The University of California (UC) regents will be voting between two proposed tuition models soon, but it’s hard to say when. Though the vote was originally scheduled for Jan. 22, 2020, the regents were forced to push it back due to their failure to post details regarding the proposed increases 10-days before the meeting, as is standard procedure.
Of course, it is unlikely that this failure to provide public notice was simply an oversight on the regents’ part, rather, it is in all likelihood an attempt to dodge the upcoming student protests incited by the tuition increase. This highlights not only a lack of transparency but a total lack of concern for the opinions of UC students. The UC regents must begin listening to their students, or they will continue to exacerbate student-regent tensions.
While tuition increases can occasionally be justified, the decision should never be taken lightly. Raising tuition without properly consulting the student population is incredibly shortsighted. Freshman application rates have fallen by 5.4% on multiple UC campuses, including Los Angeles, Santa Barbara and Santa Cruz, and such a decline may very well be a direct result of past tuition increases. If so many students cannot afford to pay tuition as is, they won’t be any more capable of paying if it is increased further. If another economic downturn strikes the United States, the UC system’s admission staff will find themselves with far fewer applications in their inboxes.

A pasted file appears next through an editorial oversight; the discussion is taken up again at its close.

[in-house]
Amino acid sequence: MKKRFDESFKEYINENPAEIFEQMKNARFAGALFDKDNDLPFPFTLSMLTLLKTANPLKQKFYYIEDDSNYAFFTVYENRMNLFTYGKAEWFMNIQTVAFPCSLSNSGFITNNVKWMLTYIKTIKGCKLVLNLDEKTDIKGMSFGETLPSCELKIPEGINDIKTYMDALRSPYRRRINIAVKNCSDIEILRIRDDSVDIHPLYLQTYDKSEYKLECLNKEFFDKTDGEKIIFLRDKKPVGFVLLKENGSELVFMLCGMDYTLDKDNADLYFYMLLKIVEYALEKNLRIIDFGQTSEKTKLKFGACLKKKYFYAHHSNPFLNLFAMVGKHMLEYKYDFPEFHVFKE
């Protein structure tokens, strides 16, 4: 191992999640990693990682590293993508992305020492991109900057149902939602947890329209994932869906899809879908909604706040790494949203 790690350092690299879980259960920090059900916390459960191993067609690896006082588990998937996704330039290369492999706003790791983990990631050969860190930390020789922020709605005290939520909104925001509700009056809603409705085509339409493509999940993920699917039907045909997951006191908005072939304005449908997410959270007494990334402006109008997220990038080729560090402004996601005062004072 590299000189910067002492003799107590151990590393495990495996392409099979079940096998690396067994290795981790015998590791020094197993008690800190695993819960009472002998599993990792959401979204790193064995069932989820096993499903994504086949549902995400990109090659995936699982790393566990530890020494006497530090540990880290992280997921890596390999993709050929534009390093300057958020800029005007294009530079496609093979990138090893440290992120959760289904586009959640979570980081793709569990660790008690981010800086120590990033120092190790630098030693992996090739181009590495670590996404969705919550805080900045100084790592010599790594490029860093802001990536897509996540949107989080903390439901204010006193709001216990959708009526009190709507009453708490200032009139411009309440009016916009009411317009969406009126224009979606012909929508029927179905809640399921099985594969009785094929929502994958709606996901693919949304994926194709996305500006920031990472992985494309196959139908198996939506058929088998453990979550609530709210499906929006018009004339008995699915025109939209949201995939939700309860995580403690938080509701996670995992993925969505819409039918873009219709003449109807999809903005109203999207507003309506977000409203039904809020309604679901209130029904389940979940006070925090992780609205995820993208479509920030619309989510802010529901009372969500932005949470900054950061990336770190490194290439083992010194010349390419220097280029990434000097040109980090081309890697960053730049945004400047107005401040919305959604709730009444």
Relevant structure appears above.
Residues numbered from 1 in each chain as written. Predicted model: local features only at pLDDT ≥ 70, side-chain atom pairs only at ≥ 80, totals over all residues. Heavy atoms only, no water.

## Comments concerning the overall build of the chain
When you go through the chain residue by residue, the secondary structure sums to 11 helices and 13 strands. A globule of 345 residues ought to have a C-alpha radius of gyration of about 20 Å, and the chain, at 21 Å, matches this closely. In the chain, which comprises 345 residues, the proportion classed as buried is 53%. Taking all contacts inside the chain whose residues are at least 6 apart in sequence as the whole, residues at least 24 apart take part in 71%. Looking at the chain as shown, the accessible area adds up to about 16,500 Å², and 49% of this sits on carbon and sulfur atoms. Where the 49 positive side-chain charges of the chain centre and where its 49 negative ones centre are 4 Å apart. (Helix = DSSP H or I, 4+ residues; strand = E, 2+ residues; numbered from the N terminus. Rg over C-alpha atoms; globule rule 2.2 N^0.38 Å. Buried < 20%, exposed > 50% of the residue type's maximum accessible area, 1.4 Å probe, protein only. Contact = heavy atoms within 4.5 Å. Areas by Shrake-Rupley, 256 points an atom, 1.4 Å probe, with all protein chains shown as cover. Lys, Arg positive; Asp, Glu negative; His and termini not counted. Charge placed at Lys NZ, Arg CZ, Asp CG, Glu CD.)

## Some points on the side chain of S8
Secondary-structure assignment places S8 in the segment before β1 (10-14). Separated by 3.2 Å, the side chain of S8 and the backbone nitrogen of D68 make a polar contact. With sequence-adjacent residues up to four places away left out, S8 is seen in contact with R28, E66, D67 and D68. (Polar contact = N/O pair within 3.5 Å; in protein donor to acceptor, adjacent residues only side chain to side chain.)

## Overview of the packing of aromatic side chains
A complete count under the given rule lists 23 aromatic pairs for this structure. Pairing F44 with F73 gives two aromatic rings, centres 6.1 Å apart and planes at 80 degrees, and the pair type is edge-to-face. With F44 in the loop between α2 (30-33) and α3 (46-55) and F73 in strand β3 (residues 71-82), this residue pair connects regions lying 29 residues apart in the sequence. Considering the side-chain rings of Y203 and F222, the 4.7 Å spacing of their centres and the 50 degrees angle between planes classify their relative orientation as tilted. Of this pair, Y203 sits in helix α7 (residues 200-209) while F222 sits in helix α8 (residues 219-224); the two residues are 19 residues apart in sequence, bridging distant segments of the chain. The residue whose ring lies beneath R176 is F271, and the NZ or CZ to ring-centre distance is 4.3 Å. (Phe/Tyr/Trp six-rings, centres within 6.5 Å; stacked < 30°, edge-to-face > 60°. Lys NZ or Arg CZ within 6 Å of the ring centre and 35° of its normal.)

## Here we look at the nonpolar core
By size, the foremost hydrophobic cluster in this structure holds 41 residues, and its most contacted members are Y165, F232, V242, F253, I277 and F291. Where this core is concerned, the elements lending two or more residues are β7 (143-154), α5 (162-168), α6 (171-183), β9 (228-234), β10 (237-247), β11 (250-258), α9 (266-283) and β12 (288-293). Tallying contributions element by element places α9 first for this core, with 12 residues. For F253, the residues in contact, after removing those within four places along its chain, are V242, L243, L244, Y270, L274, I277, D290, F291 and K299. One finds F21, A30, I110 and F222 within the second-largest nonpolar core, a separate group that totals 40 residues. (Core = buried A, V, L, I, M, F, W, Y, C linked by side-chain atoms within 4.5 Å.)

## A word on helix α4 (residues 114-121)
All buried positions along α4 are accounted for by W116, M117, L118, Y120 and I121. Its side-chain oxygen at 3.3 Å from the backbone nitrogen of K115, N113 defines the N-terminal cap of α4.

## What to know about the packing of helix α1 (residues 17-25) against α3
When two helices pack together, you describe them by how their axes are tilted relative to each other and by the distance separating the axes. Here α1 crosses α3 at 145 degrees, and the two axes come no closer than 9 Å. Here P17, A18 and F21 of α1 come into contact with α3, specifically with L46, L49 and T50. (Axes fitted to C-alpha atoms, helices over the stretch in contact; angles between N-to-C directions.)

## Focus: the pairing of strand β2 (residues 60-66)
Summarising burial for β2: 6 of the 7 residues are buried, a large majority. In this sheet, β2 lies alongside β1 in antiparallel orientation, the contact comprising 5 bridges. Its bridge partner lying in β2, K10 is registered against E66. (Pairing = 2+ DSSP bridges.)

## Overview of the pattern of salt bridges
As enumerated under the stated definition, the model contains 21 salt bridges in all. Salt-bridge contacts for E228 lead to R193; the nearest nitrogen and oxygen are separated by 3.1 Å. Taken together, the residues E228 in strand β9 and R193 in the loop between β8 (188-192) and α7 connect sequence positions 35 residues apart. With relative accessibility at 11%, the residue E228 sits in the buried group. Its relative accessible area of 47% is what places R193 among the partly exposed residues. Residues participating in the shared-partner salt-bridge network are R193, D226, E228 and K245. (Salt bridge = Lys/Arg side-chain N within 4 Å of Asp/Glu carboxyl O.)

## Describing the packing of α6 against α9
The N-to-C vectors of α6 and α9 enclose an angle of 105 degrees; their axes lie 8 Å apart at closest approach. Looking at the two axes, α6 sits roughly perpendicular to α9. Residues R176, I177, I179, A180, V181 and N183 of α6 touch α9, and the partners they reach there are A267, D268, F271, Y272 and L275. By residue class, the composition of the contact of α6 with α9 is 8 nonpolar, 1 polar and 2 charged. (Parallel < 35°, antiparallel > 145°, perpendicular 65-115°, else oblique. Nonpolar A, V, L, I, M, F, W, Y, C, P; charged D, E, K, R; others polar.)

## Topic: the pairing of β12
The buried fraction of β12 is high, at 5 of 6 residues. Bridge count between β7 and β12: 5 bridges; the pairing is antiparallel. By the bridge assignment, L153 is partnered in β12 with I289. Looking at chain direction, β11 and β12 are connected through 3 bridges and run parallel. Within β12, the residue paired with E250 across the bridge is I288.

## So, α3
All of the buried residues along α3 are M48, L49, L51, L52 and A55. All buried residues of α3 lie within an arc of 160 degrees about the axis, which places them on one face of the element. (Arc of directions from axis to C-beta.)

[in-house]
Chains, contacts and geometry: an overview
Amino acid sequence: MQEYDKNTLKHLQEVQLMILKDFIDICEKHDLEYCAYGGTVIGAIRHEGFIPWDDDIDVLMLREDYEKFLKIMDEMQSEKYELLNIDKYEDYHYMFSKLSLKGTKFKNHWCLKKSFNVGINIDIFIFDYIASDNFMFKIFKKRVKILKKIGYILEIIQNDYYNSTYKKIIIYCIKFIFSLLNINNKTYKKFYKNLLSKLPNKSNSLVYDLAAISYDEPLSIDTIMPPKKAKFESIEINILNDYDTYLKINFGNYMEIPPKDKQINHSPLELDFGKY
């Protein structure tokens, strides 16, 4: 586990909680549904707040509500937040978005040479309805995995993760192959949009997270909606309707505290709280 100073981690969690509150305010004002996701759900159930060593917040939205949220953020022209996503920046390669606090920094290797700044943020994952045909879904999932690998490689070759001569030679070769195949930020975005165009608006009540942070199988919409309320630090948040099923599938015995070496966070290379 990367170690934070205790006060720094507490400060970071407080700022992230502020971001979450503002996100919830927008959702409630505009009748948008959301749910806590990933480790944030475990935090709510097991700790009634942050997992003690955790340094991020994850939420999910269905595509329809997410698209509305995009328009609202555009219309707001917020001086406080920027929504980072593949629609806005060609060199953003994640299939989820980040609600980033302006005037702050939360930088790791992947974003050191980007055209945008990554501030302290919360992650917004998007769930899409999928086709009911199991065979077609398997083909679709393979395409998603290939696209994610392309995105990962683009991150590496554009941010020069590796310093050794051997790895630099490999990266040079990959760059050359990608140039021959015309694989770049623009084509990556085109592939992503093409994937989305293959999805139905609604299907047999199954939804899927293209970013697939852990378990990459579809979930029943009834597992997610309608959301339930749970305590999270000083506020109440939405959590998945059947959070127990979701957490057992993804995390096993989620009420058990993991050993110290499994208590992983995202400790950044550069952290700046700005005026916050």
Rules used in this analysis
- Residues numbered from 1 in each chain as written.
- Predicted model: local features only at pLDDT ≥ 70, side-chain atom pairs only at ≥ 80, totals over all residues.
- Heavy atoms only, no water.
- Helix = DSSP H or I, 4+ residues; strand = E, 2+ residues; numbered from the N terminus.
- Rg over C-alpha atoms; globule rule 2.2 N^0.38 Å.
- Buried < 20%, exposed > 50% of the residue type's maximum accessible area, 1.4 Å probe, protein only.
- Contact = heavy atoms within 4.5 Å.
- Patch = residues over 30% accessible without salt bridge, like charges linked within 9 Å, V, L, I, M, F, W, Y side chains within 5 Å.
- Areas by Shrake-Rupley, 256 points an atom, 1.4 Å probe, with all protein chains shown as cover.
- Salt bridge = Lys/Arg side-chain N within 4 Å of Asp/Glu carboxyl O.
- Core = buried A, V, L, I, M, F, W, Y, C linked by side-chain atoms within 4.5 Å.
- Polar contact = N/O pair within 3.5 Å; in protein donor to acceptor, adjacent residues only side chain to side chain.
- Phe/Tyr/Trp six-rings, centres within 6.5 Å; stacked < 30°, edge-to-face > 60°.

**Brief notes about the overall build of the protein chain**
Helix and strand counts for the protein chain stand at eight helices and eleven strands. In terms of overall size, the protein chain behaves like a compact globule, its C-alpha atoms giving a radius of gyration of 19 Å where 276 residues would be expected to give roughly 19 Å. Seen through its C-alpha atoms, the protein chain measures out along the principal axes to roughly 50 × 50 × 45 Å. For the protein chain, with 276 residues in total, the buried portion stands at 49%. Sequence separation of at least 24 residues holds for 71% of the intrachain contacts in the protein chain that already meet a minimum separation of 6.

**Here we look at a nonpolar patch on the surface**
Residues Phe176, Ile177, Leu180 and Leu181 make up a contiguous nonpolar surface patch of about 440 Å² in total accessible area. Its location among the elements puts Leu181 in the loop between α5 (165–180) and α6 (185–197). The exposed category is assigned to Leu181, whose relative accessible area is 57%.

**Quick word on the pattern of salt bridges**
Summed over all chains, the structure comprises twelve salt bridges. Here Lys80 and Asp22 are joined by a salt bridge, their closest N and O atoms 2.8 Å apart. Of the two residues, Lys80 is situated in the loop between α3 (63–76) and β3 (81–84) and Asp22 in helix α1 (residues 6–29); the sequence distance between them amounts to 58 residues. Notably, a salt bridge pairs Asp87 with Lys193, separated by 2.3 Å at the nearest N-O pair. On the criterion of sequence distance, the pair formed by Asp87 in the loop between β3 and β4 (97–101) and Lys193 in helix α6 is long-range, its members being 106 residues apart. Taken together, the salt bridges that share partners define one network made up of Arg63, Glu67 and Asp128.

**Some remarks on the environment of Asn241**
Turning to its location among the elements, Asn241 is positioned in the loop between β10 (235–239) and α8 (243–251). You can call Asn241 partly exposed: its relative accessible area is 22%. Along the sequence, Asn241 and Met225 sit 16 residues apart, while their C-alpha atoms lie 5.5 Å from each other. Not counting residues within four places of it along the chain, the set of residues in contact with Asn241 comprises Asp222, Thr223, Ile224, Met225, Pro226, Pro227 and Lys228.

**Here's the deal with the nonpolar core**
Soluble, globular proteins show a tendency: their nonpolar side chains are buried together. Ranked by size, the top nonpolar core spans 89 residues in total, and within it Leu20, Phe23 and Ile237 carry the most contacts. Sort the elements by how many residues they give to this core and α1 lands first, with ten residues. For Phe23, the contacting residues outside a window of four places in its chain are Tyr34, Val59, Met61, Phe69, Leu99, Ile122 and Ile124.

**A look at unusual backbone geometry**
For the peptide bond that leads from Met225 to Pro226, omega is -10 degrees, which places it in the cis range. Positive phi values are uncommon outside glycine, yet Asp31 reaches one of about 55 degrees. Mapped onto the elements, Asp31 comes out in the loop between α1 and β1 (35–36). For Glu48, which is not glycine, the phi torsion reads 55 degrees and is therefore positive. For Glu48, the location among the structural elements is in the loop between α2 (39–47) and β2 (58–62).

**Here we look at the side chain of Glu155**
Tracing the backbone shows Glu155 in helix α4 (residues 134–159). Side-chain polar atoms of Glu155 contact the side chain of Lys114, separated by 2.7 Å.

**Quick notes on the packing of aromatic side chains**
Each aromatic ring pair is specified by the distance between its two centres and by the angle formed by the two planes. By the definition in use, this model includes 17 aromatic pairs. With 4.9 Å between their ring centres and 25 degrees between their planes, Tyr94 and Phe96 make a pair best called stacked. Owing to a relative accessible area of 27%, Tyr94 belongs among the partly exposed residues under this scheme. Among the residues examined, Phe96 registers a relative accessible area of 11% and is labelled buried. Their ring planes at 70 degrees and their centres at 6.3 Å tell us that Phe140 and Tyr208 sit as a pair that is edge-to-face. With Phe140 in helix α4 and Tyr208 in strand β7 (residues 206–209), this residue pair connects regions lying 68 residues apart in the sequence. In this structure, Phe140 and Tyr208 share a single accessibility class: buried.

Advocates for the tuition hikes will be quick to remind naysayers that a portion of the funding derived from the proposed increases will supplement student financial aid. Unfortunately, this sentiment does little to assuage the concerns of middle-class students, whose families often find themselves above the cutoff for a low-income household, meaning they are ineligible for federal aid but still not wealthy enough to afford tuition on their own.
This concern is something students would likely be willing to discuss if a proper dialogue was established. Otherwise, a greater number of students will be turning toward the more affordable community college pathways.